President's death casts shadow of uncertainty

By David Usborne

Pitched political struggle expected in petro-rich Venezuela.

Candles, placed by mourners, burn in front of an image of the late President Hugo Chavez outside Venezuela's embassy in Quito, Ecuador.  Photo / AP
Candles, placed by mourners, burn in front of an image of the late President Hugo Chavez outside Venezuela's embassy in Quito, Ecuador. Photo / AP

After struggling for many months with cancer the form of which was never fully disclosed, Hugo Chavez, the firebrand President of Venezuela, adversary of the United States and former soldier, finally succumbed - passing away yesterday at the age of 58 in a Caracas military hospital.

While his death will end months of suspense that have cast a shadow of uncertainty across both his country and its leftist allies in the region, it also plunges one of the world's leading petro-nations into what is certain to be a pitched political struggle, the outcome of which remains uncertain.

Not that the socialist state machine that Chavez led has not had time to prepare. After winning a third term as President last October, Chavez abruptly declared on December 10 last year that he was once again in the grip of the cancer that was first diagnosed in July 2011. The next day, after a tearful national television broadcast, he vanished to Havana, Cuba, for treatment.

He was never to be seen publicly again.

The death of one of Latin America's most egotistical, bombastic and polarising leaders was announced on television by Vice-President Nicolas Maduro, who is expected to fight in a snap election to succeed him. Chavez, he told a shocked nation, had died "after battling a tough illness for nearly two years".

The prolonged absence of Chavez had caused tensions, notably since his failure to turn up for his own inauguration in Caracas in January. Against furious remonstrations from the opposition, the Government insisted at the time that the leader was still in charge of the nation from his hospital bed.

Opposition patience with this and with the relative lack of clear information of what the condition of Chavez was had been wearing extremely thin. In mid-February, the Government allowed the first pictures of Chavez to be published, which showed him in his hospital cot being attended to by two of his daughters. Shortly after he was flown in the dead of night to Caracas, where he was installed in the main military hospital. It seems now that he was moved so he could at least die on his own soil.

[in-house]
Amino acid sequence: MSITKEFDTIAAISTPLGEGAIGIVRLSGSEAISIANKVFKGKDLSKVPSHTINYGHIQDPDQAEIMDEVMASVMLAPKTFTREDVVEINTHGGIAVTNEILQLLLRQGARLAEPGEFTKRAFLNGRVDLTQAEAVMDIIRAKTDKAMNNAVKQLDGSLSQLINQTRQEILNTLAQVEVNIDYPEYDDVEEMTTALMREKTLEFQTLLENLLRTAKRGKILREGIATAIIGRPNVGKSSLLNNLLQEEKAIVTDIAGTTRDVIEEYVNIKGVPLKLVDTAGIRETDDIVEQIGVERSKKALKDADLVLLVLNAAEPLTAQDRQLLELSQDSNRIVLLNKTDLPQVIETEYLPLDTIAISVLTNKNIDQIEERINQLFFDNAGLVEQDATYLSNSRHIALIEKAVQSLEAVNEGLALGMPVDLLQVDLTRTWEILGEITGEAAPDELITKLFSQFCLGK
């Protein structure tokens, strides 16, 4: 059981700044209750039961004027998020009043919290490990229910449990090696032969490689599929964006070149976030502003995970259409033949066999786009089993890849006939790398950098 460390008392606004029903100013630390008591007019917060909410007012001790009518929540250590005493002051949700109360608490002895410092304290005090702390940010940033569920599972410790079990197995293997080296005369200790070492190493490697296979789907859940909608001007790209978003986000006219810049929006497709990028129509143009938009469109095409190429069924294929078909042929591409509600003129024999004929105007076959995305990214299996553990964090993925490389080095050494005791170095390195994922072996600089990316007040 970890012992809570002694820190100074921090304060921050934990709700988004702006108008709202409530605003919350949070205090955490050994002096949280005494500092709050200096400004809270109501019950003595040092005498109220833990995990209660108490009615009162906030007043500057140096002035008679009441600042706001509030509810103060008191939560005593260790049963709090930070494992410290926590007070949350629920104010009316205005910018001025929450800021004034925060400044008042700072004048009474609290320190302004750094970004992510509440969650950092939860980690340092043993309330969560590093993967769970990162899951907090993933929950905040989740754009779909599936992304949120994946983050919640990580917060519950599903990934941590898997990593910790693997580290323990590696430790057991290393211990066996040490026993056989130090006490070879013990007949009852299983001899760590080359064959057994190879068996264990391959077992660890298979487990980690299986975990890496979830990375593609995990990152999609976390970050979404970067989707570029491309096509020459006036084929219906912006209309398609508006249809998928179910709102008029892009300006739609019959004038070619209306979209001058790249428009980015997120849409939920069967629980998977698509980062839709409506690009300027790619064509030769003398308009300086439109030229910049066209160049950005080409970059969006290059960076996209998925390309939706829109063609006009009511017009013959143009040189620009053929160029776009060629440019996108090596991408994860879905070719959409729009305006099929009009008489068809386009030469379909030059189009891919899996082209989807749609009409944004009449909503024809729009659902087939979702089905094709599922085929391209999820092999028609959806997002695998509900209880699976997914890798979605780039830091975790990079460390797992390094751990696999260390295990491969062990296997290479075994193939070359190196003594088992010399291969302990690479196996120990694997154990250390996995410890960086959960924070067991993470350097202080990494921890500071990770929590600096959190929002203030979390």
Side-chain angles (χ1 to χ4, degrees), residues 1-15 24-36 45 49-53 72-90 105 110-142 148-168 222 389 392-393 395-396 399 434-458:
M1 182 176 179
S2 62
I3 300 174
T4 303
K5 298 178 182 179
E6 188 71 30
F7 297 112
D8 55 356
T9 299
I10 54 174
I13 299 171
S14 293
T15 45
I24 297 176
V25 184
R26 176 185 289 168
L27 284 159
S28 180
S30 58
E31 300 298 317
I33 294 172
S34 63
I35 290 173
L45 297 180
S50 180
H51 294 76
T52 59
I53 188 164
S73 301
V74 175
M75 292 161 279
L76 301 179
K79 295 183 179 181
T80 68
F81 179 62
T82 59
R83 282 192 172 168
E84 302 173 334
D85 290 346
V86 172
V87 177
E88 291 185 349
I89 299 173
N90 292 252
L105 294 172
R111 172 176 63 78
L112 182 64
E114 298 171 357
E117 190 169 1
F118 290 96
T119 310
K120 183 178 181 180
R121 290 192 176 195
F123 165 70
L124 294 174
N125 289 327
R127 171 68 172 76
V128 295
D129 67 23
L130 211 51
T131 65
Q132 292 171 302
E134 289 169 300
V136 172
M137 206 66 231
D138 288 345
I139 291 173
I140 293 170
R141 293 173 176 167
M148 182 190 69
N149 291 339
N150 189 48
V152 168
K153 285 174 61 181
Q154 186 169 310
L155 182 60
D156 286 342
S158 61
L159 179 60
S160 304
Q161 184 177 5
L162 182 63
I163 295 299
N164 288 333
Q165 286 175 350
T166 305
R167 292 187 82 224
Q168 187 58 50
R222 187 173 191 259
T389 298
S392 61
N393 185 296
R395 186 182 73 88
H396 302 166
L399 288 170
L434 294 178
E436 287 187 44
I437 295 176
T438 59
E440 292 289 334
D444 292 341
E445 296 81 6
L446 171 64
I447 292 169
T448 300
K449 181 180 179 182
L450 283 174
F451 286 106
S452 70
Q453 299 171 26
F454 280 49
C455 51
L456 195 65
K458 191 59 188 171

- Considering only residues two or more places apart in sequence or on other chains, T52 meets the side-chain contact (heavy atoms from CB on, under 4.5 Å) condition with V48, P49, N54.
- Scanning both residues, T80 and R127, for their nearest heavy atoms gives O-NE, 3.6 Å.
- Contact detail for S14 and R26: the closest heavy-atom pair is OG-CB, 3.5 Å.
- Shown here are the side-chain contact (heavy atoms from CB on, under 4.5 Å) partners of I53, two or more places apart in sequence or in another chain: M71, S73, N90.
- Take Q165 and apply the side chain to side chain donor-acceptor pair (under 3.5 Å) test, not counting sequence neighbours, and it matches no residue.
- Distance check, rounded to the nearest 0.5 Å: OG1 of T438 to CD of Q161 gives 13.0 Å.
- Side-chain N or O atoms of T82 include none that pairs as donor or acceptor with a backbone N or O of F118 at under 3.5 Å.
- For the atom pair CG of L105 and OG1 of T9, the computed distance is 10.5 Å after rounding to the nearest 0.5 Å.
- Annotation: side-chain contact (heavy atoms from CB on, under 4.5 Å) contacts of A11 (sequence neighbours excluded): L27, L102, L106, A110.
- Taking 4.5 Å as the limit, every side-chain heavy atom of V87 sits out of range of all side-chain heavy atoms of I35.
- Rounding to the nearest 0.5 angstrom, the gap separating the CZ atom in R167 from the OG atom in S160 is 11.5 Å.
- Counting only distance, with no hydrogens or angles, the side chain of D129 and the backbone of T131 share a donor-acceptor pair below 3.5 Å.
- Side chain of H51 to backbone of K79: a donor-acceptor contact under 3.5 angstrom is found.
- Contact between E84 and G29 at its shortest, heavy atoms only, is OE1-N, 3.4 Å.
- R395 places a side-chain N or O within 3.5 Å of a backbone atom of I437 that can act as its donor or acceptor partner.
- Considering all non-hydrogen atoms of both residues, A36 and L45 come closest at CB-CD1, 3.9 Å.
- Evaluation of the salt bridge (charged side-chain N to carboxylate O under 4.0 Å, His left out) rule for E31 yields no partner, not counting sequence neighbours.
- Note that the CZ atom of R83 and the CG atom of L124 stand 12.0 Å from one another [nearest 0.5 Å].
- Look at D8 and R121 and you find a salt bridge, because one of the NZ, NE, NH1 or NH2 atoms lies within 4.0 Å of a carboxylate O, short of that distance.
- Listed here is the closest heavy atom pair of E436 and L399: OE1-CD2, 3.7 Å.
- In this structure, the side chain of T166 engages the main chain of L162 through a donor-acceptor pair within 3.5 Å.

The constitution demands that elections be held across the country within 30 days to elect a new president and Maduro and his allies will doubtless attempt to capitalise on public sympathy. His death comes, however, at a time of uncertainty for Venezuela. Inflation and the rate of violent crime have soared and Chavez leaves a population that is politically deeply divided.

While Maduro will vow to extend the so-called Bolivarian socialist revolution that was begun by Chavez, the opposition has a seasoned candidate in Henrique Capriles, a provincial governor, who built a wide base of support fighting in the presidential contest last summer.

The announcement came just hours after Maduro announced the Government had expelled two United States diplomats from the country, suggesting that the US and its allies had been responsible for Chavez contracting cancer. "We have no doubt" that Chavez's cancer had been somehow induced by foul play by "the historical enemies of our homeland", the Vice-President said.

Just as Chavez was divisive in his political life, his passing provoked reactions ranging from despair to delight. "Hugo Chavez was a tyrant who forced the people of Venezuela to live in fear," declared the top Republican on the House Foreign Affairs Committee in Washington, Ed Royce. Meanwhile, President Cristina Kirchner, an ally who may have designs on replacing him as Latin America's scourge of Washington, said all government activities in Argentina were being suspended as a tribute.

"He was a generous man to all the people in this continent who needed him," an emotional Dilma Rousseff, the President of Brazil, said in Brasilia.

President Barack Obama issued a conciliatory statement: "At this challenging time of President Hugo Chavez's passing, the United States reaffirms its support for the Venezuelan people and its interest in developing a constructive relationship with the Venezuelan Government."

- Independent

The left wing soldier

Name: Hugo Rafael Chavez Frias.

Title: President of Bolivarian Republic of Venezuela.

Born: July 28, 1954, in rural town of Sabaneta in plains of western Venezuela.

Education: Attended public schools, entered Venezuelan Military Academy in 1971 as army cadet.

Before taking office: As paratrooper and military-academy history teacher, Chavez quietly organised network of dissident soldiers. On February 4, 1992, attempted coup against President Carlos Andres Perez. Plot failed. Faced 30 years in prison but next President pardoned him before trial.

Chavez's presidency: Elected as reform candidate December 6, 1998; took office February 2, 1999. Oversaw approval of new constitution that lengthened presidential term from five years to six. Forged alliance with Cuba and increasingly criticised United States. Survived failed coup in 2002 and continued to build power, while emerging as Western Hemisphere's most vocal leftist leader. Sent aid to allied countries and built support among poor at home with social programmes. Won re-election in 2006 and again in 2012.

Family: Married and divorced twice. Had four children and four grandchildren. One daughter, either Maria or Rosa, often stood at his side at official events, unofficially filling in as first lady.

Quote: "What hurts me most is poverty, and that's what led me to become a rebel," Chavez said during 2007 interview with the Associated Press.

- AP

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